- Our pots of Zinnia Profusion Double Fire in the nursery are still going strong after three months but will soon be replaced with pots of the evergreen Euonymous japonicus for the winter, this plant makes a more relaxed and rather less self-conscious pot specimens than the ubiquitous English Box ball and is just as tough.
- We have been growing on sets of potted evergreens to plunge into our display pots for the winter, They include Bay, Euonymous and Dwarf Cherry Laurel, all three provide handsome shapes of lustrous green when the garden is at its lowest ebb.
- Tulips should be planted only when soil temperatures are taking a nose dive, and that applies to those destined for pots as well - planting them early is of no benefit to them so take your time to do this jobe this month.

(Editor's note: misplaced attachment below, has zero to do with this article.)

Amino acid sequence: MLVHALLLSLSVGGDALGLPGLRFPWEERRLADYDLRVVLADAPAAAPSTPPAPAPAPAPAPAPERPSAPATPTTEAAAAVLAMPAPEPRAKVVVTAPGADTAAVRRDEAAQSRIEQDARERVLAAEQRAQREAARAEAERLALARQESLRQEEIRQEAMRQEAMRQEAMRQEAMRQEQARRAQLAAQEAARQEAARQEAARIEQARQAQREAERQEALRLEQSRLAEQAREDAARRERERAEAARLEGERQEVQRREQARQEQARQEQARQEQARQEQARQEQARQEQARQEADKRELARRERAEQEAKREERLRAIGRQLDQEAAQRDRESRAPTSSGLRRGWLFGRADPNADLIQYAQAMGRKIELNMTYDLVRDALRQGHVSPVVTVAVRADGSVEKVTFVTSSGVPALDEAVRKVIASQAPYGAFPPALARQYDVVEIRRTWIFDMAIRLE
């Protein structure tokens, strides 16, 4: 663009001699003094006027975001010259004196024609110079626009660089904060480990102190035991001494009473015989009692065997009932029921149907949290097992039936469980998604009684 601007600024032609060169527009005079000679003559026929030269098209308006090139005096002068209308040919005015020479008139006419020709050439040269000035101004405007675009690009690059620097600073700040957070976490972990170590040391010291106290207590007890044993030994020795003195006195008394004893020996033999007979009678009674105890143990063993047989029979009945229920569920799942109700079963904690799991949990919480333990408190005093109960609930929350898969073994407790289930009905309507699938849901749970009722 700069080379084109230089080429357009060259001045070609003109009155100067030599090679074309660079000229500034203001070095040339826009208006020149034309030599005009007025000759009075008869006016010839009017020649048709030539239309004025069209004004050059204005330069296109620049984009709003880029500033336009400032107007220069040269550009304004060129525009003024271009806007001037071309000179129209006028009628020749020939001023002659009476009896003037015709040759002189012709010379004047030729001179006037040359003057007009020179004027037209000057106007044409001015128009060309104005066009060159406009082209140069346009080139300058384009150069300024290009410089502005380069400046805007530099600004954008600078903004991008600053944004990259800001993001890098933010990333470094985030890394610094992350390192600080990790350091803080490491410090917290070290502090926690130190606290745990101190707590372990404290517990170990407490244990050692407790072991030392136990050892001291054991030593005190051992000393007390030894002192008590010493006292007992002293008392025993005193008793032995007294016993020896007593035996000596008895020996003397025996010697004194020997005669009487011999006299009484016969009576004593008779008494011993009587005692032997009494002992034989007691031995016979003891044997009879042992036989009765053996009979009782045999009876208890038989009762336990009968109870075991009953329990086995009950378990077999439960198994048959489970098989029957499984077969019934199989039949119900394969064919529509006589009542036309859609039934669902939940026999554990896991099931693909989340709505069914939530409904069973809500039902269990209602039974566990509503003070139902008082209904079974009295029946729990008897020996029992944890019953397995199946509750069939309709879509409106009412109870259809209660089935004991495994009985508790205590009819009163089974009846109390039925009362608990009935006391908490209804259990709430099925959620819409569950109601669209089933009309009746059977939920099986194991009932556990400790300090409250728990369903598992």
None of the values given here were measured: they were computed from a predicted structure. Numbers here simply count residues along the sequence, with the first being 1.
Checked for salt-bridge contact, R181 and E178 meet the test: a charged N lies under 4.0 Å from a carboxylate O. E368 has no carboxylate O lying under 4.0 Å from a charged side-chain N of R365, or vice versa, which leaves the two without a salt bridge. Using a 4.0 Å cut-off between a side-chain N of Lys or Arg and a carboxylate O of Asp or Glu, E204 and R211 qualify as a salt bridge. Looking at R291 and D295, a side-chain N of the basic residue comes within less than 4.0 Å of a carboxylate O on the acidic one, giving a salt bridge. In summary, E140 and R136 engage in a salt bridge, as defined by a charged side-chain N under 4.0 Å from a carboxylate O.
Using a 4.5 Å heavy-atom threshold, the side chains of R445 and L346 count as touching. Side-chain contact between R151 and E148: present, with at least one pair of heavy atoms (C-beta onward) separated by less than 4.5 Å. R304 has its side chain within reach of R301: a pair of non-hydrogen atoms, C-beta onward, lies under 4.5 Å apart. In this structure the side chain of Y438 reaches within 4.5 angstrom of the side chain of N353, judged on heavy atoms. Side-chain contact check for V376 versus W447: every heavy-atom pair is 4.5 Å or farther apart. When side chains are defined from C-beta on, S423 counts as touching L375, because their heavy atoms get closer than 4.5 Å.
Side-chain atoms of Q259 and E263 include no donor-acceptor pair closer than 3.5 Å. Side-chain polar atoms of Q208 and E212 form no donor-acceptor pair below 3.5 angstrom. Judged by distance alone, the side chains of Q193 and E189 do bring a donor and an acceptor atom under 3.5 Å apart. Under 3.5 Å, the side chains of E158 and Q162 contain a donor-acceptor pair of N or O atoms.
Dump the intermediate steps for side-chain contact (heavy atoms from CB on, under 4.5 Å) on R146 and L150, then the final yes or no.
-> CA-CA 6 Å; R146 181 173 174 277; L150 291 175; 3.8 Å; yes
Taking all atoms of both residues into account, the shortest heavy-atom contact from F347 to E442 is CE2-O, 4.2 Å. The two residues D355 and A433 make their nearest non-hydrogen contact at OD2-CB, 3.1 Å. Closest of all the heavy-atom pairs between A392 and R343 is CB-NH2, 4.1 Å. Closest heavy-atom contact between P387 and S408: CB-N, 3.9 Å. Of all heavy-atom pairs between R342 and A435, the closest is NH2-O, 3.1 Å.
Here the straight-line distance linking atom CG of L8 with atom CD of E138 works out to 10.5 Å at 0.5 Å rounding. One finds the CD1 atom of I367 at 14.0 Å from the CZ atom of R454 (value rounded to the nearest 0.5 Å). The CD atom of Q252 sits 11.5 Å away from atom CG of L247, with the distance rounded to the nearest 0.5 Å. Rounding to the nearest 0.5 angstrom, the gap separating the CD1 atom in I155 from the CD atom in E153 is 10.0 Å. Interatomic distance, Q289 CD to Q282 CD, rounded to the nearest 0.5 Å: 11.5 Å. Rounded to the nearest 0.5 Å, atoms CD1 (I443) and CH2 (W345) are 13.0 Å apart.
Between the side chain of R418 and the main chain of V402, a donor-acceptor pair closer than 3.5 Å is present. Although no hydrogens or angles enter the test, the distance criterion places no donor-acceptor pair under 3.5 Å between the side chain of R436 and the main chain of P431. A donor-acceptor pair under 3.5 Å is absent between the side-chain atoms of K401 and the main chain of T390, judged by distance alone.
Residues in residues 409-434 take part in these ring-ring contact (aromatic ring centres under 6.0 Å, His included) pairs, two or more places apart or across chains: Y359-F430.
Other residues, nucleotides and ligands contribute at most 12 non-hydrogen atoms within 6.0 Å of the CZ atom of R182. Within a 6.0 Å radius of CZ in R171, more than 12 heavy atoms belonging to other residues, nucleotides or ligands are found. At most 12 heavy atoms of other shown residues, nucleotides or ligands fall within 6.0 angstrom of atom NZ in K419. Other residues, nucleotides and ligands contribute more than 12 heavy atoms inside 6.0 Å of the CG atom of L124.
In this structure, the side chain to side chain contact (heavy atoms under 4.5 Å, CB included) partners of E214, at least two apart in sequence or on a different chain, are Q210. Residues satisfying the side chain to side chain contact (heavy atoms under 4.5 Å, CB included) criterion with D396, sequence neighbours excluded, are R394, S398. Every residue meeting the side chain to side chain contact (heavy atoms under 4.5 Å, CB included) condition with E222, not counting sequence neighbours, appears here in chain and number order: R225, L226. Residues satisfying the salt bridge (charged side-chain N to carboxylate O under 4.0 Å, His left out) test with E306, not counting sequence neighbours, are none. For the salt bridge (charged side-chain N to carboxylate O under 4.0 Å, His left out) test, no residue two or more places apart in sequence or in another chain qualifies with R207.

- The seedlings from Pansy and Viola seed sown in early March are now the perfect size to plat in with the Tulips.
- May is the month to start potting up Lilium into pots, a good job for a wet day towards the end of the month.
- Our pots of Parma Violets will be bought under cover this month so that they continue to grow away and fill their pots ready for August.
- Ranunculus make wonderful short term pot specimens, the corms we planted into tubes in April are ready to be potted into their final pots this month.
- Our pots of Kahili Ginger ( Hedychium gardnerianum) are always late to flower so we bring them in close to the nursery sheds both to enjoy their perfume and to protect them from any early frosts.
- Our pots of Hosta only need repotting and dividing every second year and this is their year. Hosta 'Tokudama' is cut into four and repotted into rich compost now so that we don't accidentally miss out on their new growth in spring.
Always something to look forward to in May - the bounty of the Chrysanthemum beds.